Over the past six months, I have been traveling across the country conveying a common theme: This is the best first Flag duty in our Navy.
Over the next six months, I have the pleasure of describing exactly what makes Naval accessions training so rewarding.
I am going to focus on each component of the Naval Service Training Command domain and there is no better place to start than with Naval Reserve Officers Training Corps (NROTC).
NROTC is an excellent Naval accessions training option for civilians transitioning to military as well as enlisted aspiring to earn their undergraduate degree and commission as an officer.
I am a proud graduate of the NROTC program at The Citadel in Charleston, S.C. During my recent visit and conversations with midshipmen, it was clear that the tradition of excellence lives on.
The NROTC program is directed by military and civilian experts from our department of Officer Development in Pensacola, Fla. They represent the highest standard of professionalism and diligently manage the accessions training program for midshipmen, from their acceptance in to NROTC to commissioning as the newest officers of our Navy and Marine Corps.
Officer Development commendably sustains a monumental responsibility, overseeing 77 NROTC host units and 89 cross town affiliates at 166 colleges and universities across the country. I want to express my gratitude to Officer Development for welcoming me to their annual business meeting in Pensacola, where I was able to meet all the NROTC commanding officers and executive officers – keep up the great work!
NROTC produces roughly one-third of our Navy’s newest officers every year. NROTC is a multi-year program that runs concurrently with a student’s normal college or university educational course of study. In addition to their normal academic workload leading to a degree, NROTC students attend classes in Naval Science, participate in drill, physical training, and are taught the leadership principles and core values of a military officer.
NROTC students also participate in Summer Cruise with deployed units as well as Career Orientation and Training for Midshipmen (CORTRAMID). These give midshipmen hands-on experience in a broad range of the opportunities that are possible for them as Navy or Marine Corps officers. CORTRAMID is held at two different times each year, once on the east coast in Norfolk, Va., and once on the west coast in San Diego, Calif. It lasts four weeks, with each of the four weeks devoted to a different warfare specialty, including basic marinership skills such as sailing and navigation.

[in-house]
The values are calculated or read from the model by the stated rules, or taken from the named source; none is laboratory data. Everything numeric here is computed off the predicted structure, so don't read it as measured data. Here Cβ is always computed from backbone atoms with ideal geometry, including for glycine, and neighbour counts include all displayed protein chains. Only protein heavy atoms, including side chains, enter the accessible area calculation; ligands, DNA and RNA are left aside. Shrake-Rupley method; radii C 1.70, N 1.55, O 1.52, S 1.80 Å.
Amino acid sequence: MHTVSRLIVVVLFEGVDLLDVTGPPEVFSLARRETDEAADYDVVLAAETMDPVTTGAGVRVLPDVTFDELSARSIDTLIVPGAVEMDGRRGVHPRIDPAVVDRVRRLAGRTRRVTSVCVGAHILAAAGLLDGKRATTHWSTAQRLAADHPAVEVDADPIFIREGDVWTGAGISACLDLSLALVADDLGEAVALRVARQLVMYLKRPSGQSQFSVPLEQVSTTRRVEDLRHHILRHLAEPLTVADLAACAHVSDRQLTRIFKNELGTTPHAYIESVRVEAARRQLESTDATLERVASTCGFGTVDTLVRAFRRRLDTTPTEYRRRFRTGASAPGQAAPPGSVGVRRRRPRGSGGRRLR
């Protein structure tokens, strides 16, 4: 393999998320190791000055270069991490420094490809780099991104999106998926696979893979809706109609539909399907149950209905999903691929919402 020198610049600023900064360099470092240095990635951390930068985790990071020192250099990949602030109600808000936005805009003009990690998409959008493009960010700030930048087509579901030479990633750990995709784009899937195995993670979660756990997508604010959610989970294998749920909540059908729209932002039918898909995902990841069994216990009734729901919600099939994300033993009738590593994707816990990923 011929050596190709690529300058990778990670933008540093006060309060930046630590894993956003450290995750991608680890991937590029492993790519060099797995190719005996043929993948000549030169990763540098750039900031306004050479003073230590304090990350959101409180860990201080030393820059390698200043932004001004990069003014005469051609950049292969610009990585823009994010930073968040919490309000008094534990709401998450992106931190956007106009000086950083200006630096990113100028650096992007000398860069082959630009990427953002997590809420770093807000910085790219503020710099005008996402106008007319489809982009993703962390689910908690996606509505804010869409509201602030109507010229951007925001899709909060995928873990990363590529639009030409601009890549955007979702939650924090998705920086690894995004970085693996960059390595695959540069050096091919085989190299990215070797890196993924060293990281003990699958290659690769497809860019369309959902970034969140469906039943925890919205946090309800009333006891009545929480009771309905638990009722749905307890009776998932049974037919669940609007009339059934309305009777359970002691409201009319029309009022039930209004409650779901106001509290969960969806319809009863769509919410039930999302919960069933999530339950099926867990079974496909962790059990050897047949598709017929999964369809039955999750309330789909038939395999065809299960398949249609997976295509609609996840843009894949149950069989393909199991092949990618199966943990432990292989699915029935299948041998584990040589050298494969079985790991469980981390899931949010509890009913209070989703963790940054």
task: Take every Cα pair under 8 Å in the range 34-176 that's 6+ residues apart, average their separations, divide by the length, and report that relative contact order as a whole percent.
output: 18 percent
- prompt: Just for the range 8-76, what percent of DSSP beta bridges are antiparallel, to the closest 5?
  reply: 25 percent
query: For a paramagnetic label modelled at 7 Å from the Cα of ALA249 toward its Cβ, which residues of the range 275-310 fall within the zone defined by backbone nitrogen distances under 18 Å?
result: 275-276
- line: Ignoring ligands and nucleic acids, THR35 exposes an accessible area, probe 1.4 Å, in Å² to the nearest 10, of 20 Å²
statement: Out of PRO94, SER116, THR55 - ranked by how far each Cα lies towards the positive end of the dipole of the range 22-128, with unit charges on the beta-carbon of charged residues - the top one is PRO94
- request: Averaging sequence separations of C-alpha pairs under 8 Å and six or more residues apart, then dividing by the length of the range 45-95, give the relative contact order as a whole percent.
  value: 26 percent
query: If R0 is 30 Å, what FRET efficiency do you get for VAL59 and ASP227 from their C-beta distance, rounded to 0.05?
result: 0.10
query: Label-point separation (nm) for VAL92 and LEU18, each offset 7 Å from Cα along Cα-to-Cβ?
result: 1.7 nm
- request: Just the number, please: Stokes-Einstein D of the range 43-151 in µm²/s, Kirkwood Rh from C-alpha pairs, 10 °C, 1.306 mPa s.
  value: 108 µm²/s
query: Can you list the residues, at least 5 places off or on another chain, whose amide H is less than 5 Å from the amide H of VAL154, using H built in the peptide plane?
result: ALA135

NROTC scholarships cover tuition, fees, textbooks and a monthly stipend as well as a guaranteed job following successful completion of program requirements.
This is quite an exciting year for NROTC, including a significant milestone marking the 90th anniversary of the program. In a letter dated July 20 1926, Secretary of the Navy Curtis D. Wilbur formally announced the beginning of the program with the original six universities. Students began classes in fall of 1926 at Harvard, Yale, University of California Berkley, Georgia Tech, Northwestern and the University of Washington.
With the return to Yale in 2012, we now have NROTC back at all of the original six campuses. Yale midshipmen are doing great things in their training. This month, they are hosting an NROTC Leadership Conference to discuss the dynamics of leadership and security in the context of a rapidly evolving military and world.
I am also very happy to share that University of Maryland Baltimore County (UMBC) is our newest school to host NROTC. In a ceremony this winter, I joined U.S. Senator Barbara Mikulski, Assistant Secretary of the Navy for Energy, Installations & Environment Dennis McGinn, and UMBC President Freeman Hrabowski to officially sign the proclamation. Their first Naval Science classes will commence this fall.
February also is African-American/Black History Month. I would like to take this opportunity to recognize and congratulate Midshipman 1st Class Nsombi Roberts, a senior at Southern University and A&M College in Baton Rouge, La.
She is the first African-American woman from the NROTC program to select service on a nuclear submarine. Midshipman Roberts is from Palm Bay, Fla., and participated in another of our great programs, NJROTC, while attending Bayside High School. I wish her the best of luck as she begins her career.
Another important event this month is ship selection for midshipmen who have selected to serve as surface warfare officers (SWO) in the Navy. SWOs play a key role in nearly every aspect of Navy missions, as they maintain and operate our many platforms of surface ships. Ship selection is a proud moment for future SWOs; it represents a culmination of all their hard work and their commencement as surface warriors joining the fleet.
My ship selection was an amazing experience. All SWOs remember their first tour and for me, being a plank owner on the USS Theodore Roosevelt (CVN 71) was a thrilling start to my career. I hope every midshipman feels the same way when they select their first ship.
Congratulations to all the NROTC midshipmen who are graduating and commissioning this spring and welcome aboard!
For those midshipmen who are still in training, keep striving for excellence and set your goals high!
I commend your commitment to earning both a degree and your commission as an officer in the Navy or Marine Corps. It takes a lot to balance those two and I look forward to seeing you in the fleet.
To learn more about our NROTC program and to see what life is like as an NROTC midshipman, please visit our links: